Students, Sources, and Sentinels at AAAS

In February, Boston played host to thousands of scientists, policy makers and journalists who attended the annual meeting of the American Association for the Advancement of Science (AAAS). The conference took place against a background of mounting concern in the scientific community about the future of science during the new presidential administration. While the conference was going on, hundreds of people, including many AAAS attendees, gathered nearby in Boston’s Copley Square for a “Rally to Stand Up for Science”. In her plenary address, Naomi Oreskes (author of Merchants of Doubt) argued that scientists should serve as “sentinels,” willing to speak up about the policy implications of their research. Many scientists take a more cautious approach, preferring to let the science “speak for itself” rather than take a more activist role, but they still see the value in supplying the public with good scientific information. The problem they face is how to do this. This is where Wiki Education can help.

Wikipedia is the place where people go for information, but the quality and coverage of information is uneven. In a workshop at AAAS entitled “Mind the Gaps: Wikipedia as a Tool to Connect Scientists and the Public”, Greg Boustead of the Simons Foundation pointed out that the coverage of women scientists on Wikipedia is less complete than that of their male colleagues (and what coverage does exist tends to speak less about the significance of their contributions to science). When scientists assign their students to create biographies of women scientists, they aren’t engaging in activism; they’re merely working to ensure that the facts that are out there “speaking for themselves” are representative of reality. In the same workshop, Wiki Education’s Director of Programs, LiAnna Davis, discussed the role that students can play in translating scientific knowledge into something that’s more understandable to general audiences.

But a Wikipedia assignment doesn’t simply help communicate science to the public; it can also help students learn. Many see the rise of “fake news” as a major threat to the ideal of an informed population, and people have been shown to have trouble distinguishing good sources from poor ones. Instructors who have taught with Wiki Education have seen an improvement in these sorts of media literary skills among their students. A Wikipedia assignment can shift the power dynamic in the classroom, changing students from being passive recipients of information into active disseminators of knowledge. People who stopped by our booth in the AAAS Exhibit Hall were quick to recognize that potential.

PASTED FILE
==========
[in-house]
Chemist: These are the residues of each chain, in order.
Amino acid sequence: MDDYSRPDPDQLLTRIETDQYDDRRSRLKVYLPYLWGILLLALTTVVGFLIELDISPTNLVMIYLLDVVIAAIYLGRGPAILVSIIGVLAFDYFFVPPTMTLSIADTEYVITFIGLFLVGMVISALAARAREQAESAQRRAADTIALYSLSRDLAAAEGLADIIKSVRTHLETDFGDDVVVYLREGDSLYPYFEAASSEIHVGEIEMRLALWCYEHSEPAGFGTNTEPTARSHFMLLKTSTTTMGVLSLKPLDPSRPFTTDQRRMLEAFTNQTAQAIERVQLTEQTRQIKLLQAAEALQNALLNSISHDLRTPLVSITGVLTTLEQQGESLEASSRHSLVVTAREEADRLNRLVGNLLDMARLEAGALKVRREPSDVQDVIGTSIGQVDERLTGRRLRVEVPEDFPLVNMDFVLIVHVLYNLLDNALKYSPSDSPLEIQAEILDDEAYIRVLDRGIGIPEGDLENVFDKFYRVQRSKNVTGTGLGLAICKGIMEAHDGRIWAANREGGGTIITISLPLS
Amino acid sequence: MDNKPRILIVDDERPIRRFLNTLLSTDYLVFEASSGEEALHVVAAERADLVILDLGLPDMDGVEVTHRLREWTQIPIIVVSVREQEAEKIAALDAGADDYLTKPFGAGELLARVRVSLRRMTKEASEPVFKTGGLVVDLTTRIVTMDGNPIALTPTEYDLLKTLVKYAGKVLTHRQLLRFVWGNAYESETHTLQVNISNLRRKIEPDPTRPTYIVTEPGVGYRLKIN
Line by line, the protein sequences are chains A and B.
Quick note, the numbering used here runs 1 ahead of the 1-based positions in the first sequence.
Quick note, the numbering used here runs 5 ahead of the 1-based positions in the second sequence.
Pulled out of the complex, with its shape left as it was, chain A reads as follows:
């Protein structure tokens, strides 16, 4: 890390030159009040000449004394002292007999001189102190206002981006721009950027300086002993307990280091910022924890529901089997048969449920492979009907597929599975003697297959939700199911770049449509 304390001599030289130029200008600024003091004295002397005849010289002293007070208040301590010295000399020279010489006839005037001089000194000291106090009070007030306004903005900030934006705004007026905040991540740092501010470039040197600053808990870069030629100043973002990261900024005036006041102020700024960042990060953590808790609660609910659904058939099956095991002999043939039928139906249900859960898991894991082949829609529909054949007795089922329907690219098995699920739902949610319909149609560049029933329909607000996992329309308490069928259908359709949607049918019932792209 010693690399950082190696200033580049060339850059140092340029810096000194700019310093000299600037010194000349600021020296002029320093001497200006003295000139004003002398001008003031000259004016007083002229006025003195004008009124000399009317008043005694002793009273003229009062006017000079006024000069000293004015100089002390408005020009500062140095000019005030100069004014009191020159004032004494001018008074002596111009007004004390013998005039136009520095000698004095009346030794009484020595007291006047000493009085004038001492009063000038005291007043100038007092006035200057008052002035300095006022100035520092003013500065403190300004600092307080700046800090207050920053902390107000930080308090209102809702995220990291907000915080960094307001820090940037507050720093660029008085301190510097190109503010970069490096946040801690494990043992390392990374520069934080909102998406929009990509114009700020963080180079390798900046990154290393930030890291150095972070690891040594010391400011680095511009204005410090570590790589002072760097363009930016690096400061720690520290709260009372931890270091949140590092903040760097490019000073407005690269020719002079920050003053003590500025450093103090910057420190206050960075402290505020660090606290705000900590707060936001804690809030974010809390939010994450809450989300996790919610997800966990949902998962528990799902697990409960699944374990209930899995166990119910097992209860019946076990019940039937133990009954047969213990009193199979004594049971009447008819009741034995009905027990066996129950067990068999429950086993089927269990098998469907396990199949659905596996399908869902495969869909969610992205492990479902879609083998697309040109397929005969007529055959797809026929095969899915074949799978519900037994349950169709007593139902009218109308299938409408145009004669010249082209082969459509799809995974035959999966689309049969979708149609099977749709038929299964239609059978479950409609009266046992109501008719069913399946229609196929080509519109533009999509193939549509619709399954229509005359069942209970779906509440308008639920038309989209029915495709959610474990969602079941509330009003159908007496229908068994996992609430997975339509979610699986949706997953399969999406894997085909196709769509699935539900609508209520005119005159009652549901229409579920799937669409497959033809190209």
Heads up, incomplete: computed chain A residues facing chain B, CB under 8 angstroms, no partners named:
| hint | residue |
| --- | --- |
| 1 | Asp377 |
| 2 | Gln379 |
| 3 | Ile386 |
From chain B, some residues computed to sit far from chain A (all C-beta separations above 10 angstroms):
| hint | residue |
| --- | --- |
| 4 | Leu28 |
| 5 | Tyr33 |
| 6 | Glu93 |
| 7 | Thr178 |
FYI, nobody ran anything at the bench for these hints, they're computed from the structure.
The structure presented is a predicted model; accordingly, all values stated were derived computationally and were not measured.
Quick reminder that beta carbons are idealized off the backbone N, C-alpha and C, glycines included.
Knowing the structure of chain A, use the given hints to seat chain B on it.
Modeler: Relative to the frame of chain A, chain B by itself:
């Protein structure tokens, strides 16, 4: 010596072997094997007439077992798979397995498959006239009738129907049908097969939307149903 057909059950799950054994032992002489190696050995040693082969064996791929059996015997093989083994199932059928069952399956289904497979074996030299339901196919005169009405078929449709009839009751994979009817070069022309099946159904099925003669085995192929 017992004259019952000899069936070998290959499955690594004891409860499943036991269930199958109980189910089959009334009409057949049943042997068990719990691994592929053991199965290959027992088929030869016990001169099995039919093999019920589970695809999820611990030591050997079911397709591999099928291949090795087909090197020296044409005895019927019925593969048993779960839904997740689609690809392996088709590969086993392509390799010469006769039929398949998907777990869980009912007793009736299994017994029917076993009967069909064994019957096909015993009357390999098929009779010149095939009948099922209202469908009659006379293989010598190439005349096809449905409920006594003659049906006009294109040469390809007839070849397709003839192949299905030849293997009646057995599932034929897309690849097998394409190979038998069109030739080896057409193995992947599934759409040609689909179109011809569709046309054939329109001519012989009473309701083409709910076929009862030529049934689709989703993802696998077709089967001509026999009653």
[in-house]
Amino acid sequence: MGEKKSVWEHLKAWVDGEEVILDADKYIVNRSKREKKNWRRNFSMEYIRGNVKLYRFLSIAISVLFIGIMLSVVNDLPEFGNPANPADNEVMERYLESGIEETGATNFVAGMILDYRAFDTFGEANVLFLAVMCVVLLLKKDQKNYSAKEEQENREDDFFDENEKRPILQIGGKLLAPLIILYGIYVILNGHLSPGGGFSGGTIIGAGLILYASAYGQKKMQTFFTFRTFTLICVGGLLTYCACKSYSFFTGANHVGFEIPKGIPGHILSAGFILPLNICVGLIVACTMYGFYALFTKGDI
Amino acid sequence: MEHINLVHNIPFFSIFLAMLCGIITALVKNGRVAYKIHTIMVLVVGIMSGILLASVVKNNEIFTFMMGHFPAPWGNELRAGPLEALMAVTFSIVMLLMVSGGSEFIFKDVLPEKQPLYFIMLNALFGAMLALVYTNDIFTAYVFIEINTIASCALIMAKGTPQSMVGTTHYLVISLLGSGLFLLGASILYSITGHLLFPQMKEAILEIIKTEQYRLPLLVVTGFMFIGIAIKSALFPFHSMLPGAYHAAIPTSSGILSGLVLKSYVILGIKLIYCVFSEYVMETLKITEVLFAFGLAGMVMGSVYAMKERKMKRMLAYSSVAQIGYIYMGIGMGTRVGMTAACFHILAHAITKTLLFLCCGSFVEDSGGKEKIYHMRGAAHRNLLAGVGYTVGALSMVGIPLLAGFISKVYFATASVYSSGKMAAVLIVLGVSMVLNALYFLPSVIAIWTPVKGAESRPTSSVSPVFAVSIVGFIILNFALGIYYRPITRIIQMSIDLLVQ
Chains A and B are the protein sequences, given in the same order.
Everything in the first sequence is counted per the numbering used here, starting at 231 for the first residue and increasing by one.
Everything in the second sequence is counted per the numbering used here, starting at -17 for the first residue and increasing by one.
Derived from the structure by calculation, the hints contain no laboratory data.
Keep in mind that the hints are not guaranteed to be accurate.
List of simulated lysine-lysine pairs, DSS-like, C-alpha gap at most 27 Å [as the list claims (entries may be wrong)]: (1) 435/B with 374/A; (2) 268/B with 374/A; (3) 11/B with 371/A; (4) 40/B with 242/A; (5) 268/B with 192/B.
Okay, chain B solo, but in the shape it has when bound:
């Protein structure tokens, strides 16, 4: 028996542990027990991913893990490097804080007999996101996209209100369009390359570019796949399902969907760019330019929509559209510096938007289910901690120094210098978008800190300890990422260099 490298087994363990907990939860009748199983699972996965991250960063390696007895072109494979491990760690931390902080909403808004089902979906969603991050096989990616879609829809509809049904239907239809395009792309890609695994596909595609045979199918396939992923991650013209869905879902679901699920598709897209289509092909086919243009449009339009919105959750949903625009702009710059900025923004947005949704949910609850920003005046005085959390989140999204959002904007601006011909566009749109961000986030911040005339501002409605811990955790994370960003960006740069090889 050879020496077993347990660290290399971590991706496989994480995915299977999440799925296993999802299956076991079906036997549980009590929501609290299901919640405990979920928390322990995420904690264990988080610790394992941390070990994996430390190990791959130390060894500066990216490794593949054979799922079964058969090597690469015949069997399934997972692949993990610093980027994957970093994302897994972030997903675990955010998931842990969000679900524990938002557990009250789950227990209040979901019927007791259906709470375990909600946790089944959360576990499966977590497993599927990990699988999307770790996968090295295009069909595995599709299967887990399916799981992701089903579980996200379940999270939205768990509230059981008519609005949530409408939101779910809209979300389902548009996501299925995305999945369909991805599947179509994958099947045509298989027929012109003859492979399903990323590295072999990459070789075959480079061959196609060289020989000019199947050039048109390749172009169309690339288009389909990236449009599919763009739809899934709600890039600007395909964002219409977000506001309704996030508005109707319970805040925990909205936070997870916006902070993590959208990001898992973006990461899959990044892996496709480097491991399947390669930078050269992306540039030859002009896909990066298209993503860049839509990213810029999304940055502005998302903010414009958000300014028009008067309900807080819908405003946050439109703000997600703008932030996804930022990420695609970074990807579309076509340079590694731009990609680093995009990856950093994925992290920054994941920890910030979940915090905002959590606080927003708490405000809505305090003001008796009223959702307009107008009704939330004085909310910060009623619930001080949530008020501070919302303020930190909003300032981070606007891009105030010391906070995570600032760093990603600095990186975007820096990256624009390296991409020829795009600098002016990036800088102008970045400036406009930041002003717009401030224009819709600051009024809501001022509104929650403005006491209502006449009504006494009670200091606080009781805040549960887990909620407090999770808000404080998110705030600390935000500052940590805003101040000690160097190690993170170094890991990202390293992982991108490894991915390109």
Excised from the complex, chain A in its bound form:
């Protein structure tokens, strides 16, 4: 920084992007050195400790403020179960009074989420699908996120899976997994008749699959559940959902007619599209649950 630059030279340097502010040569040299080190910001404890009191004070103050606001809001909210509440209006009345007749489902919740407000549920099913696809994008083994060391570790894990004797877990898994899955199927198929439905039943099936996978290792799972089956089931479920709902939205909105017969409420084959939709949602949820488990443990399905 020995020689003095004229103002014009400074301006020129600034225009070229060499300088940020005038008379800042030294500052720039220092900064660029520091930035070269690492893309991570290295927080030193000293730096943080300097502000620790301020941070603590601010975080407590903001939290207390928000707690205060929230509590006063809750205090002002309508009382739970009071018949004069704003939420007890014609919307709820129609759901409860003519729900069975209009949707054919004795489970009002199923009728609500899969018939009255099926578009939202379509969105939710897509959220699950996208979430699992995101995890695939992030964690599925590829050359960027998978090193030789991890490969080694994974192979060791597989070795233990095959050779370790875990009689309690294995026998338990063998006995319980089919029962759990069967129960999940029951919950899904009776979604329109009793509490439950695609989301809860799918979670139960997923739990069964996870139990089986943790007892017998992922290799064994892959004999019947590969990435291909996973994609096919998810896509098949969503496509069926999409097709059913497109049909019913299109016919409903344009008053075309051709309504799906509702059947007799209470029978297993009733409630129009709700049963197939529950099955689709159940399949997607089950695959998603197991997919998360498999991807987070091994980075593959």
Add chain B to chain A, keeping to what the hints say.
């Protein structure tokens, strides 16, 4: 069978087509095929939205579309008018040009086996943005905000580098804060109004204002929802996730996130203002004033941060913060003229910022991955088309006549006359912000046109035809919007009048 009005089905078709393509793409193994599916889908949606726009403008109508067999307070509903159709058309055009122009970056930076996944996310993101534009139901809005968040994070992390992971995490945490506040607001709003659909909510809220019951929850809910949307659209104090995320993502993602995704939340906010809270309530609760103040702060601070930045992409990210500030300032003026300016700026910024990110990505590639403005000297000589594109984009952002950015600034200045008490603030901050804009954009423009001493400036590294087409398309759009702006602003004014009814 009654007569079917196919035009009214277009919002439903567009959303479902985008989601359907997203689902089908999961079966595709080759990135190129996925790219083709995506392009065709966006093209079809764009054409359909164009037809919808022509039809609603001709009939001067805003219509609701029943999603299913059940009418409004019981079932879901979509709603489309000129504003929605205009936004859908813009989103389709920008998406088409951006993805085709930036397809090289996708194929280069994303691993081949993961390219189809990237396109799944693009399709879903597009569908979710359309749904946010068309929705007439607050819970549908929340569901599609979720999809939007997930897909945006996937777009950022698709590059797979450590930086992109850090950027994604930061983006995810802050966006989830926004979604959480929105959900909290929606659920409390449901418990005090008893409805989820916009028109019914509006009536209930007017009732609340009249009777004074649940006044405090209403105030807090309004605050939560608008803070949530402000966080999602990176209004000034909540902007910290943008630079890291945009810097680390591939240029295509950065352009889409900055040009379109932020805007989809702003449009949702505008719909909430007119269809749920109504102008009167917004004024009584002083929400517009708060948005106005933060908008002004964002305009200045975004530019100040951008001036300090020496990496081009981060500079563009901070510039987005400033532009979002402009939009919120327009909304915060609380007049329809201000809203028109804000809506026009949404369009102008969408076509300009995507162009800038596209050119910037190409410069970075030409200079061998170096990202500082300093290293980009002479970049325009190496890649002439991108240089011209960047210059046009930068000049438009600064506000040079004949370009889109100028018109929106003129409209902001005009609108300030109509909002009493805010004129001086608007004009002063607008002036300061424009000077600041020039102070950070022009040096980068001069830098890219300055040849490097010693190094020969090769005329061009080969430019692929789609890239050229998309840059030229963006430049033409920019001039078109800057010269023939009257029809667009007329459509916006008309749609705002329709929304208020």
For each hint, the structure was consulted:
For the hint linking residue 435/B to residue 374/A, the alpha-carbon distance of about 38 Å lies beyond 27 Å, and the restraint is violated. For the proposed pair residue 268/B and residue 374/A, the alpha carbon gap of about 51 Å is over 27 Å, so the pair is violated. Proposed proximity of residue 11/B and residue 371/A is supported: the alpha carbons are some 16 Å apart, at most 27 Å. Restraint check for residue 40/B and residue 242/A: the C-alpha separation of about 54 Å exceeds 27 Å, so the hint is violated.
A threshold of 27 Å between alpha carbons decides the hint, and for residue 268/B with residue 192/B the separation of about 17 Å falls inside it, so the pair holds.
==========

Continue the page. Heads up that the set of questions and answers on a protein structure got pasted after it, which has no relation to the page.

Over the course of three days, the flow of people through the Exhibit Hall kept conversations at the Wiki Education booth lively. In addition to scientists, the AAAS meeting attracted people from the fields of science policy, science communication, and various parts of government. Mark Sarvary and Kelee Pacion presented on their experience using a Wikipedia assignment with students in a class at Cornell. The American Junior Academy of Science poster session and the conference Family Days brought in high schoolers, middle schoolers, teachers and parents. Teachers were quick to see the utility in a Wikipedia assignment, but parents were sometimes more skeptical. Middle and high schoolers often lamented the fact that they were not supposed to use Wikipedia at all (while admitting that, like anyone else, it was the first place they went for information). While many people tried to wrap their minds around Wikipedia’s reliability, everyone I spoke to seemed to recognize the value of high-quality sources, and the importance of critical judgment in evaluating sources.

Wiki Education provides technical tools, training materials, and flexible assignment timelines to make integrating Wikipedia into your courses as simple as possible. Instructors and students also receive staff support throughout the semester. For more information about teaching with Wikipedia generally, visit If you’d like to talk with someone about setting up an assignment in your next course, reach out at or visit


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